Nancy Connally’s Critique Case Study Day 3: New Insights Dawn
Here are some learnings that come from the conclusion of Nancy Connally's Critiquing Case Study:
For those giving feedback:
1) Critique the story, not the person.
2) Critique the story on the page that person is writing, not the story in your head that you want written.
For those receiving feedback:
3) Have the intestinal fortitude to tell the story you have to tell.
4) Believe the good stuff when people tell you.
Read on! --JGR
Two days later, I received a critique of a different piece of writing. This story is a short contemporary. The critique said the story had sparkling dialogue, great voice, good plot and pacing, wonderful description and setting, and the praise went on from there. My reaction? The encouragement was gratifying and certainly helped me feel better. But the PWC was just being nice.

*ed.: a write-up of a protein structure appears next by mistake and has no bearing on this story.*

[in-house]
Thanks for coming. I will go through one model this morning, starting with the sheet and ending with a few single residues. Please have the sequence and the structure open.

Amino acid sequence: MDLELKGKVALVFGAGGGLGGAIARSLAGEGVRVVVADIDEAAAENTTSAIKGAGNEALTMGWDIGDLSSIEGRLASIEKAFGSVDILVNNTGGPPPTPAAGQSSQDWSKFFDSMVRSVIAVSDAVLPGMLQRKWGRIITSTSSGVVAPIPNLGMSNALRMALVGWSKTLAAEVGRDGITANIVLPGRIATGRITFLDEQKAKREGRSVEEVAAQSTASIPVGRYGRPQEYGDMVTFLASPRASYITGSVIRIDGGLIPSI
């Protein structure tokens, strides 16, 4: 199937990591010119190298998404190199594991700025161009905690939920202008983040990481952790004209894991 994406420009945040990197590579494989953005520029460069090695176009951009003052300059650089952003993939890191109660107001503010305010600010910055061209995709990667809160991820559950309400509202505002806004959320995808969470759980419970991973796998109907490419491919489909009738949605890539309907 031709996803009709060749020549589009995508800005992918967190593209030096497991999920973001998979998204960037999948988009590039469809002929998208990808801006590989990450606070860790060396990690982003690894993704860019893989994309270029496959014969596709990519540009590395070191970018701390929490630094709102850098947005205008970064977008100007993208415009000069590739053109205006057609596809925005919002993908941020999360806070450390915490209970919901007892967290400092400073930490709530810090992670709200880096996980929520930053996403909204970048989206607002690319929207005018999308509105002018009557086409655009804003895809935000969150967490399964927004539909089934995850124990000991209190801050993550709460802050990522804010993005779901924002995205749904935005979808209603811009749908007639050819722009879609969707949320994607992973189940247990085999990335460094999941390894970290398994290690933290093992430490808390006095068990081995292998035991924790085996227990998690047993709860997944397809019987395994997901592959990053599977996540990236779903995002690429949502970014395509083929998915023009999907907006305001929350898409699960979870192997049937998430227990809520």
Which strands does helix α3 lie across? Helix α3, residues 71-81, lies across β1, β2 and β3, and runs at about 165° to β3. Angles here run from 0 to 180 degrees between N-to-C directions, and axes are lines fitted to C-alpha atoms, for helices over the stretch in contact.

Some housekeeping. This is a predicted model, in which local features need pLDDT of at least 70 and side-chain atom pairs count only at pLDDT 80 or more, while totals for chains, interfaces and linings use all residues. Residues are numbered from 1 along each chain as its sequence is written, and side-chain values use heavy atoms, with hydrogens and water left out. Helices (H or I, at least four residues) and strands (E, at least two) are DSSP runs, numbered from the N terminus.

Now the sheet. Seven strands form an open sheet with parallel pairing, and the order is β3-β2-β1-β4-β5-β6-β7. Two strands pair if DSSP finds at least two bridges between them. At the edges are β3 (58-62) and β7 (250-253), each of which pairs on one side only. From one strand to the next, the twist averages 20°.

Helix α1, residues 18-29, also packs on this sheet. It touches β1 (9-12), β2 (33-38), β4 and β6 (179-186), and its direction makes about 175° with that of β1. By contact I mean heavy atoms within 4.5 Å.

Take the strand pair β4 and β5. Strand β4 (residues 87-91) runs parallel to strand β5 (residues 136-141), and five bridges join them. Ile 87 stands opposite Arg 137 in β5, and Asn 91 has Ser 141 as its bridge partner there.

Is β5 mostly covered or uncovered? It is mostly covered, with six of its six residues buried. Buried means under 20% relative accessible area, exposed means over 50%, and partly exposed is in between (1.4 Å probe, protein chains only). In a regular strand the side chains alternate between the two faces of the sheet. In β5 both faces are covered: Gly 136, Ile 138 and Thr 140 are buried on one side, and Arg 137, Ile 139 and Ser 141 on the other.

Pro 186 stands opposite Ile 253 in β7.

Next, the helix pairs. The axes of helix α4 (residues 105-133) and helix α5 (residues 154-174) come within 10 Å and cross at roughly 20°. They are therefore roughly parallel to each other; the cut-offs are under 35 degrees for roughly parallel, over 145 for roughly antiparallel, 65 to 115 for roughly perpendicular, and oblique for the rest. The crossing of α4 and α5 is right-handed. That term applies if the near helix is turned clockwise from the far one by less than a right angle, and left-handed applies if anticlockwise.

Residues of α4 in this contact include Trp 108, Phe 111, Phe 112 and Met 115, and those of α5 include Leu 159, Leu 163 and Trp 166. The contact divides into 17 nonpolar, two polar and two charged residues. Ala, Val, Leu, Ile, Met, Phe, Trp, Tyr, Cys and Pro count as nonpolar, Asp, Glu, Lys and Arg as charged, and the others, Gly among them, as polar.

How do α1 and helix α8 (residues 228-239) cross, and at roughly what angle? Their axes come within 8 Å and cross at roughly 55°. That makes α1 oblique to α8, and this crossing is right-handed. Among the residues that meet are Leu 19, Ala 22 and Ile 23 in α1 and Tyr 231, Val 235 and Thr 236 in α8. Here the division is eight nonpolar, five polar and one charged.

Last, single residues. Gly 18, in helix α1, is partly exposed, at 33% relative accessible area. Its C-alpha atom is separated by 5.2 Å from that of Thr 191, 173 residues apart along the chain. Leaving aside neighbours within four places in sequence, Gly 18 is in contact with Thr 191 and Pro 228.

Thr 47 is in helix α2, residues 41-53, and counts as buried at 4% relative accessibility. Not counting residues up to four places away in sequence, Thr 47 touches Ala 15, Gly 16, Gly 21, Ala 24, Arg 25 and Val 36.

About an hour later, I came to the realization that while the critiques were for two different works they had one thing in common . . . the same person wrote both those stories.
Further enlightenment burst on me. The positive PWC had never once used the word “you” in the critique. The negative PWC had used the word “you” constantly. One had critiqued the story; the other had mainly critiqued me.
I re-read the negative critique, and heard something I hadn’t heard before. The PWC was trying to take my story and turn it into something it was never intended to be. The more I read, the more I realized the underlying message was, “You’re a terrible writer because this isn’t the book I want it to be.” Well, of course it isn’t. It is my story. Let the PWC write her/his own story.
By golly, I have a story to tell and I’m going to tell it — with a little more conflict.
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